Monday, May 31, 2010

Transylvania Epic Stage 1. Disaster.

I cant think of a way to even start this. Today was horrible. As I sit here, feet bandaged and trying not to leave bloody footprints all over the registration lodge (the only place to get internet)I keep going over the race today in my head.

It started out great. I was in the front group with Jeremiah Bishop and the other leaders, putting in a brutal effort up the first 1500 feet or so of climbing. Near the top, I realized who I was riding with (what the hell was I doing?) and pulled back a bit - 40 miles is a long race, and the 90% humidity was already taking its toll. I settled in with the Weir group, a more manageable situation. At the top of the climb, we had already put huge chunks of time in on the stragglers.

The first descent was nuts: Weir described it later as "some NASCAR shit" - there were riders bouncing off rocks, trees and each other at blinding speed down a trail that would be completely expected at lynn woods. I was trying to hang on to Weir, but there was a rider between us - a rider somewhat less adept than he at finding magical hidden lines. I should have backed off him, but my mental state at this point was FASTFASTFAST not "If you do something stupid here, it may come back and bite you in the ass later".

Sure enough, the ass-biting happened when I took a line that sent my erstwhile guide into the bushes. It happened so fast it was all I could do not to dump my bike and body into him. I heard a very sad-sounding "clunk" from the back of my Epic and proceeded to ride the rest of the descent a breakneck speed on one flat tire. Balls. I pulled off a quick tire change and proceeded to tear out the valve stem with my CO2 inflator.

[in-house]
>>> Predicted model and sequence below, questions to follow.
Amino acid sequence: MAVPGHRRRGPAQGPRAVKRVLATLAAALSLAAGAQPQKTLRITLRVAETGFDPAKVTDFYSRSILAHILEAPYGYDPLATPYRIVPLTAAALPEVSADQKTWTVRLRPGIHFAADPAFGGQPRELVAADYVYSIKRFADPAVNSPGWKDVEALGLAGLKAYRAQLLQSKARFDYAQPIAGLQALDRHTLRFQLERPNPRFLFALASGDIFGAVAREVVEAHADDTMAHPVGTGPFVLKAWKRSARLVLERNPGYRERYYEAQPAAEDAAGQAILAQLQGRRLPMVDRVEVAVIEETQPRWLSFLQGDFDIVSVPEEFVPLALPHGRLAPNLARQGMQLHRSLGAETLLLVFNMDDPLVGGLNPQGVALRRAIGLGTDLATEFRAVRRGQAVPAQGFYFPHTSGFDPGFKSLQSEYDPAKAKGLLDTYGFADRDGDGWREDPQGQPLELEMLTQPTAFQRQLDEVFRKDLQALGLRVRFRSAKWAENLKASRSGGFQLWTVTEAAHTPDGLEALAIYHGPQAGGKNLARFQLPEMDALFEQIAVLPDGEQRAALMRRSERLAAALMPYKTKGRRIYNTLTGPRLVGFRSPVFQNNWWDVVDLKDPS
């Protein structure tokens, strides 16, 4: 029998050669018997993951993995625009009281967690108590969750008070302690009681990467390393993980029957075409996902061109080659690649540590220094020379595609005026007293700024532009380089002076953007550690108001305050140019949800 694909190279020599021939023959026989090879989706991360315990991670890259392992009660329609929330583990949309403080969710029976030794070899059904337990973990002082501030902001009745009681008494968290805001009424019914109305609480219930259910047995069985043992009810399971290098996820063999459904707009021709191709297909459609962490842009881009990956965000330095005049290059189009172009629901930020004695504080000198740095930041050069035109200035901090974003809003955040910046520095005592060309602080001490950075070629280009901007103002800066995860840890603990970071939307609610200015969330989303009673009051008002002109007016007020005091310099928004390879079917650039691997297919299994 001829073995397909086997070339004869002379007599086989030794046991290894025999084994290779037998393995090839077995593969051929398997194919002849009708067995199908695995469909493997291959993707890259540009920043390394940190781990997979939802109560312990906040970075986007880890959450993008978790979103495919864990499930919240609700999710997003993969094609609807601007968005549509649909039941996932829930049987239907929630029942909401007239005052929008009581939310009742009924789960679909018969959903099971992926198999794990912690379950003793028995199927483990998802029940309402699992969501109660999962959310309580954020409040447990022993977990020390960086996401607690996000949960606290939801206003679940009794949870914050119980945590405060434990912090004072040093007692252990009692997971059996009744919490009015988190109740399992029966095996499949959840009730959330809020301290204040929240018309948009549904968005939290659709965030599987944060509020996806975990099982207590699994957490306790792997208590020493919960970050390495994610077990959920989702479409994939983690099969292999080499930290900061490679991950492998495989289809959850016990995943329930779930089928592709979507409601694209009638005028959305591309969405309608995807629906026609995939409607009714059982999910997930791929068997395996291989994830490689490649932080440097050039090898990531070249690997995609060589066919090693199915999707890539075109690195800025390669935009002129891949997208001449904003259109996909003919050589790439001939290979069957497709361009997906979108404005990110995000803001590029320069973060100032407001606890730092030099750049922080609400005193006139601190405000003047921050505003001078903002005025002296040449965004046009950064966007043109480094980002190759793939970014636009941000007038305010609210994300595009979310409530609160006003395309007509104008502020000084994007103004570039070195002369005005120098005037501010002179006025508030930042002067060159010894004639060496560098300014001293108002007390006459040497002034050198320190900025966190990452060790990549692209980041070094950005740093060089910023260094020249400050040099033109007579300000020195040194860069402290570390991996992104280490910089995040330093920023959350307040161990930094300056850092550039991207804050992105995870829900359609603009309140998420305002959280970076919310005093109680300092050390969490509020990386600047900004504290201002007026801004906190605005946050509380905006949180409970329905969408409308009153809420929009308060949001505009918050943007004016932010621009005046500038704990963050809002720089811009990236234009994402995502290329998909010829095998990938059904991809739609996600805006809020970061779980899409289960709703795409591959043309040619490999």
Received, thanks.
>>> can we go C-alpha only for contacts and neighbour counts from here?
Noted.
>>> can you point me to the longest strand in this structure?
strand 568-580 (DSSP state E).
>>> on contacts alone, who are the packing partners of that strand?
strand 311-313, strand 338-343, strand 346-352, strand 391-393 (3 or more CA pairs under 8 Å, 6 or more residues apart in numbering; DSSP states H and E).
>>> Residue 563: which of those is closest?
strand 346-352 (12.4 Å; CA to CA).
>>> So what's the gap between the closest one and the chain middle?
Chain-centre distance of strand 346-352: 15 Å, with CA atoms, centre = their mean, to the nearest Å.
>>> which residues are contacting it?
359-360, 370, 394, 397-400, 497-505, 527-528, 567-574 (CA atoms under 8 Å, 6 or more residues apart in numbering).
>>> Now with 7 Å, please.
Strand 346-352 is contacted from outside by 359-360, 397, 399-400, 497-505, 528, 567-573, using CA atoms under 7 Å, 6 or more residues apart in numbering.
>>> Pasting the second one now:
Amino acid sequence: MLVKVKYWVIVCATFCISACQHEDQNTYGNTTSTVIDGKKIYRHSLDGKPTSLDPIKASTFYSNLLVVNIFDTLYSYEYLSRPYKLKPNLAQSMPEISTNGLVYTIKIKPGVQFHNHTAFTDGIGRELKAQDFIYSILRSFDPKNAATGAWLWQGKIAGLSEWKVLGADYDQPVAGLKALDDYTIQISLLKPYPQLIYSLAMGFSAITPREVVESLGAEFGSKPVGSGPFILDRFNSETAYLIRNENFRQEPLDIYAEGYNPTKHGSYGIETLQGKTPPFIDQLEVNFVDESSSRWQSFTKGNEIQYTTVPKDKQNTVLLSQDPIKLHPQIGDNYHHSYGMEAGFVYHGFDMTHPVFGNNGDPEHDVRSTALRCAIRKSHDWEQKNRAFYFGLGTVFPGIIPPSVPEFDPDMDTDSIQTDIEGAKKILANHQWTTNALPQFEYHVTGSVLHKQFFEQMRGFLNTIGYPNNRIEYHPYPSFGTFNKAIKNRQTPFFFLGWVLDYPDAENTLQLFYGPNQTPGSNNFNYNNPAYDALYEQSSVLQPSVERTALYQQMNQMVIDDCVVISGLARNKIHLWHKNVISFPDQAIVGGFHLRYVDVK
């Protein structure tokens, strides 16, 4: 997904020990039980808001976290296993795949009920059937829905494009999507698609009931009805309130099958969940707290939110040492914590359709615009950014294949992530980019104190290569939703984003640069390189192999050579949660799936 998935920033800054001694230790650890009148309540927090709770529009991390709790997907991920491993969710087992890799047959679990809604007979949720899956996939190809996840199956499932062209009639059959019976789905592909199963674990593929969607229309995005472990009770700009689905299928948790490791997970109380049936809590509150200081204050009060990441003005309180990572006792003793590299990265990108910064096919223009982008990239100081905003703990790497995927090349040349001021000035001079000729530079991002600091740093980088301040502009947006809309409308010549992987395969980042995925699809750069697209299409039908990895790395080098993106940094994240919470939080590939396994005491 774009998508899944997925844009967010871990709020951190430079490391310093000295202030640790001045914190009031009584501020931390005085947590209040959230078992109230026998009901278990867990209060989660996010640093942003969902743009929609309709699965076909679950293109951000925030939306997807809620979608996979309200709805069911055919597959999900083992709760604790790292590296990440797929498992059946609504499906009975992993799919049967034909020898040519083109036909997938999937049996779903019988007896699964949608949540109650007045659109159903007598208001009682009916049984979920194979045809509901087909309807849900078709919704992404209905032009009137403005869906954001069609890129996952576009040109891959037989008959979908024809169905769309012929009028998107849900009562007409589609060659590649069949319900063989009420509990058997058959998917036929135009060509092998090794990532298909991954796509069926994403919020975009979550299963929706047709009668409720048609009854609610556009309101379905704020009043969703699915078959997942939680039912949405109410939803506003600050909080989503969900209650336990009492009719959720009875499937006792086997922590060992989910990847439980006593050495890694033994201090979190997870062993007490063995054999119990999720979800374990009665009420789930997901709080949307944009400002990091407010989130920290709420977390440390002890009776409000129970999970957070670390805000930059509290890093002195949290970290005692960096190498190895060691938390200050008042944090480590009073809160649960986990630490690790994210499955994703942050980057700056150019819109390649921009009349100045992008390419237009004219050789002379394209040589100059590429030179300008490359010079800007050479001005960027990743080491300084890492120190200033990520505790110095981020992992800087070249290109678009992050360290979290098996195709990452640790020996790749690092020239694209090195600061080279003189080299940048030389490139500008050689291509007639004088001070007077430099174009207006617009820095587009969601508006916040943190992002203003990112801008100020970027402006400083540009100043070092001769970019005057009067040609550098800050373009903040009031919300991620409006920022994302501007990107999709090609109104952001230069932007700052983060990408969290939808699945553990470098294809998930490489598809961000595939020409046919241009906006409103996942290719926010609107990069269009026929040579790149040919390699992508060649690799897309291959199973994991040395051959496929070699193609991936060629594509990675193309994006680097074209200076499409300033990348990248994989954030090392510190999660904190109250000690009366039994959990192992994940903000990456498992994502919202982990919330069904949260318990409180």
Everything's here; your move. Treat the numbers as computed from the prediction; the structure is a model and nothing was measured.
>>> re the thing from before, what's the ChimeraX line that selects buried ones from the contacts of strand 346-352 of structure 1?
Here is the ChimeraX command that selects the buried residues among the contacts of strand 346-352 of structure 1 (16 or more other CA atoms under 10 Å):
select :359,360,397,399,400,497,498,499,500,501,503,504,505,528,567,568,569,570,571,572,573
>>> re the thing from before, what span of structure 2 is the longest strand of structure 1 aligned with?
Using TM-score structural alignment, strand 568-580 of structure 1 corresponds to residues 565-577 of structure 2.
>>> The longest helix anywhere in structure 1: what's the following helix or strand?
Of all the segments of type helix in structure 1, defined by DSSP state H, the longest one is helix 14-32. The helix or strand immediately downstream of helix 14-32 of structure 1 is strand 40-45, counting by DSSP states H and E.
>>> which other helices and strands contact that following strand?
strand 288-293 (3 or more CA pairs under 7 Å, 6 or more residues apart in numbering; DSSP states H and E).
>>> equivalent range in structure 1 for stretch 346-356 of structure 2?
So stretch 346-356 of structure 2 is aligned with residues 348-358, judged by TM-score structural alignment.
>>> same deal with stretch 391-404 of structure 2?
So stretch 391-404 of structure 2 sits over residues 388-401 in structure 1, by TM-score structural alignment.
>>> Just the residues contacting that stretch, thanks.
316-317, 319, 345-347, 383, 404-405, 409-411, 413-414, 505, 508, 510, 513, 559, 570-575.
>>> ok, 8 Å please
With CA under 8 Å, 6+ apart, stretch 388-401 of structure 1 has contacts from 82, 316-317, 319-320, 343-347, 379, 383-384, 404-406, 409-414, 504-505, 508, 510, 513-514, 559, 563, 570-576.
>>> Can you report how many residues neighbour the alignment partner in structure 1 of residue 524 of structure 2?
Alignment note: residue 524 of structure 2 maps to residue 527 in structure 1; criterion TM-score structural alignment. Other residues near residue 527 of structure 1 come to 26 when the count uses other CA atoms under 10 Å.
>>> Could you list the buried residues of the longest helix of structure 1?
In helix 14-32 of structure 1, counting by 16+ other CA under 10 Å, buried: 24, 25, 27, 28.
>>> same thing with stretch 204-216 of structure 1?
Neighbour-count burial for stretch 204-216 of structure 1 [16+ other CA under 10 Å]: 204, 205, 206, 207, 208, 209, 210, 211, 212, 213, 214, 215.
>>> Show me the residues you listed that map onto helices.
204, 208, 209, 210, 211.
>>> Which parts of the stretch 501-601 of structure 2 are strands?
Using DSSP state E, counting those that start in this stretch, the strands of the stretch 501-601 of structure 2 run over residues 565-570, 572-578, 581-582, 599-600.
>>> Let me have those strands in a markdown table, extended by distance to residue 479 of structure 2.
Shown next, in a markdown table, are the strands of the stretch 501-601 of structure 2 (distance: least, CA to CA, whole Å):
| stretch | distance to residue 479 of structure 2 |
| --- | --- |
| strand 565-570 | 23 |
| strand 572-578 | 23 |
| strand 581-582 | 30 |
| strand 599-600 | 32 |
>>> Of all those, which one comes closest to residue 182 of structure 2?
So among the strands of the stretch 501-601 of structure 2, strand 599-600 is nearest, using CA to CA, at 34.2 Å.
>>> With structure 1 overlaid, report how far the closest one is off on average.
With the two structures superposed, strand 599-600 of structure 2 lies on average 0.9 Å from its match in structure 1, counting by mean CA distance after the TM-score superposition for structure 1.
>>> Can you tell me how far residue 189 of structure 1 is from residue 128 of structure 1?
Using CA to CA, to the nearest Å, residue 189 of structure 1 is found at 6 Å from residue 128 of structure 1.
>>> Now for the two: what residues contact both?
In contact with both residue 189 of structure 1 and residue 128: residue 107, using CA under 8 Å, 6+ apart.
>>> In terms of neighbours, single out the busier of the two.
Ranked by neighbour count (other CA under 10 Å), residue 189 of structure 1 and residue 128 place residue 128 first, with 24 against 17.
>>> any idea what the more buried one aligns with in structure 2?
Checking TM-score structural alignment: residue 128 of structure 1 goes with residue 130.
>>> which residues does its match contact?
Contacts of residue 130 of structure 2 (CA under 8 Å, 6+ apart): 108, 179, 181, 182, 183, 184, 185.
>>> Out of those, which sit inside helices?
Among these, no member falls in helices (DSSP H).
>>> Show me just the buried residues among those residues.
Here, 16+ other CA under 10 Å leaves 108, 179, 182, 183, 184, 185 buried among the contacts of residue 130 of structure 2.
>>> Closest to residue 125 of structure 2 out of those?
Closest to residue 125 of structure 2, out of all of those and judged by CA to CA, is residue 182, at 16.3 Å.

I wait for almost the whole field to go through. I was offered many, many 29" tires. Finally, a guy tossed me a tube (and for that I am eternally grateful) and Chris Eatough provided some auxiliary CO2. Back on the job. Chase, boy, chase.

I turned myself inside out chasing. I was literally drooling on my handlebar. I passed back most of the folks that came through while I was standing on the side of the trail for 13 minutes. I came up on Selene Yeager, but as she is the current leader of the Elite Womens field, did not pass immediately - I felt that it would be inappropriate to make her hug the bushes to let someone out of contention pass. She let me by after a bit. At this point I was hurting, but felt like I could catch back on.